Serious injuries after a car accident may lead you to experiencing a myriad of financial and physical difficulties. Though your insurance may cover some of the expenses resulting from your needed medical care and other damages, you may need to take further legal steps if your injuries require extensive medical attention. Luckily, you have the option of filing a personal injury claim against the party considered at fault.
When it comes to following such a legal path, having useful documents relating to your accident may allow you to better build your case. One document that could prove immensely beneficial when it comes to stating the facts of the accident is a police report.
Police report information
If police came to the scene of your accident - which is often the case after a serious crash - officers likely created a police report. This type of report often contains information relating to the circumstances of the crash, such as time, date, weather conditions and location. Additionally, the officer who created the report may include observations he or she had at the scene and draw an initial conclusion as to who may have been at fault.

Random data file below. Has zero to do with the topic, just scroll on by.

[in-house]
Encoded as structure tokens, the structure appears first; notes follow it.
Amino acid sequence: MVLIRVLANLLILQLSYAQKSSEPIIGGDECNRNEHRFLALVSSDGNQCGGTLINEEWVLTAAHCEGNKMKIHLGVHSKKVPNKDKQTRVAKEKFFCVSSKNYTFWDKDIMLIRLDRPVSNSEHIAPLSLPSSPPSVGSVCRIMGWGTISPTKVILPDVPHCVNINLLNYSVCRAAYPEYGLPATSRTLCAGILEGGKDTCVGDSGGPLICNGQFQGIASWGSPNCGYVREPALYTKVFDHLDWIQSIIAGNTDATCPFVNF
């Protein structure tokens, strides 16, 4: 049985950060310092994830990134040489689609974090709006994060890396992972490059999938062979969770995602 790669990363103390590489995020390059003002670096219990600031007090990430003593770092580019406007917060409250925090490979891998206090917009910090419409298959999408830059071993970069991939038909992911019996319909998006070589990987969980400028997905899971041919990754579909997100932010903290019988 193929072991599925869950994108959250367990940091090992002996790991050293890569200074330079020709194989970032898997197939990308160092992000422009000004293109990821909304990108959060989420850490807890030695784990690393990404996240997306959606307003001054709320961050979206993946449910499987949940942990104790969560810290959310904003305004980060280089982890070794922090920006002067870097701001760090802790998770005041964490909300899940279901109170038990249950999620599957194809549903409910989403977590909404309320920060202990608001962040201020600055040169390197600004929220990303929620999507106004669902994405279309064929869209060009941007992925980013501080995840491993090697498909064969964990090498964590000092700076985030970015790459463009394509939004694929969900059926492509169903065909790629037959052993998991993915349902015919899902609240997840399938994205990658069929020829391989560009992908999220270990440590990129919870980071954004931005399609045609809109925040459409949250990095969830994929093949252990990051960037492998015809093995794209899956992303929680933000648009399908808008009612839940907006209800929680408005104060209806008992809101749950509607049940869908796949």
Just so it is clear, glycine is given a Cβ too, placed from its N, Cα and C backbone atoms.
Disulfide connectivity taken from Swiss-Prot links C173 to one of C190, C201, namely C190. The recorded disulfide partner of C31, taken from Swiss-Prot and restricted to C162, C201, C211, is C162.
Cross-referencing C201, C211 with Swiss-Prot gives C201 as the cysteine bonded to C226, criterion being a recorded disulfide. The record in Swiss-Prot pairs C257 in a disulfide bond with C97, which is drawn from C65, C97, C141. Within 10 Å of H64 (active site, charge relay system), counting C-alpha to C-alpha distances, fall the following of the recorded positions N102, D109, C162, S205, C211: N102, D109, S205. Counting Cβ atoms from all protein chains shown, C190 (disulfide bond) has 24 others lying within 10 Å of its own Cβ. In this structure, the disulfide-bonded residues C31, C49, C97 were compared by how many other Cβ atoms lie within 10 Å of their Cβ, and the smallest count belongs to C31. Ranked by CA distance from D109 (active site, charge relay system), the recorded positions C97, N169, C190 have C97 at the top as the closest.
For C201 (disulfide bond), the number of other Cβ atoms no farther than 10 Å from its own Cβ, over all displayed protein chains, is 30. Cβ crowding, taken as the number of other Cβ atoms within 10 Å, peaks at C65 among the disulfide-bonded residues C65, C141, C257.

Furthermore, a police report may also contain contact information for individuals who witnessed the incident as well as for those parties directly involved in the crash. This information may prove useful if you wish to file a lawsuit against the driver considered at fault or an insurance agency, as contacting witnesses and obtaining statements and testimonies may bolster your case.
Obtaining a police report
In order to obtain a copy of the police report, you may have various options. A responding officer may have provided you with direct contact information and instruction on how to go about getting a copy of the report. If not, you may contact the police department that responded to your accident and request a copy. In many cases, you may have to pick up the report in person, or the department may mail you a copy.
Using a report in court
During civil legal proceedings, the court may not consider the report itself admissible evidence. However, that does not mean you should forgo obtaining and reviewing the report. You may need to ensure that the information provided in the report correctly reflects the facts of the incident, and the report may provide you with information that could allow you to take other steps in order to build your case, like - as mentioned - speaking with witnesses.
If filing a personal injury claim seems like an avenue you wish to follow, you may also wish to consult with an experienced West Virginia attorney. A legal professional could provide you with additional information on how a police report could prove useful to your case as well as help you understand other steps available for pursuing compensation for your injuries, expenses and other damages.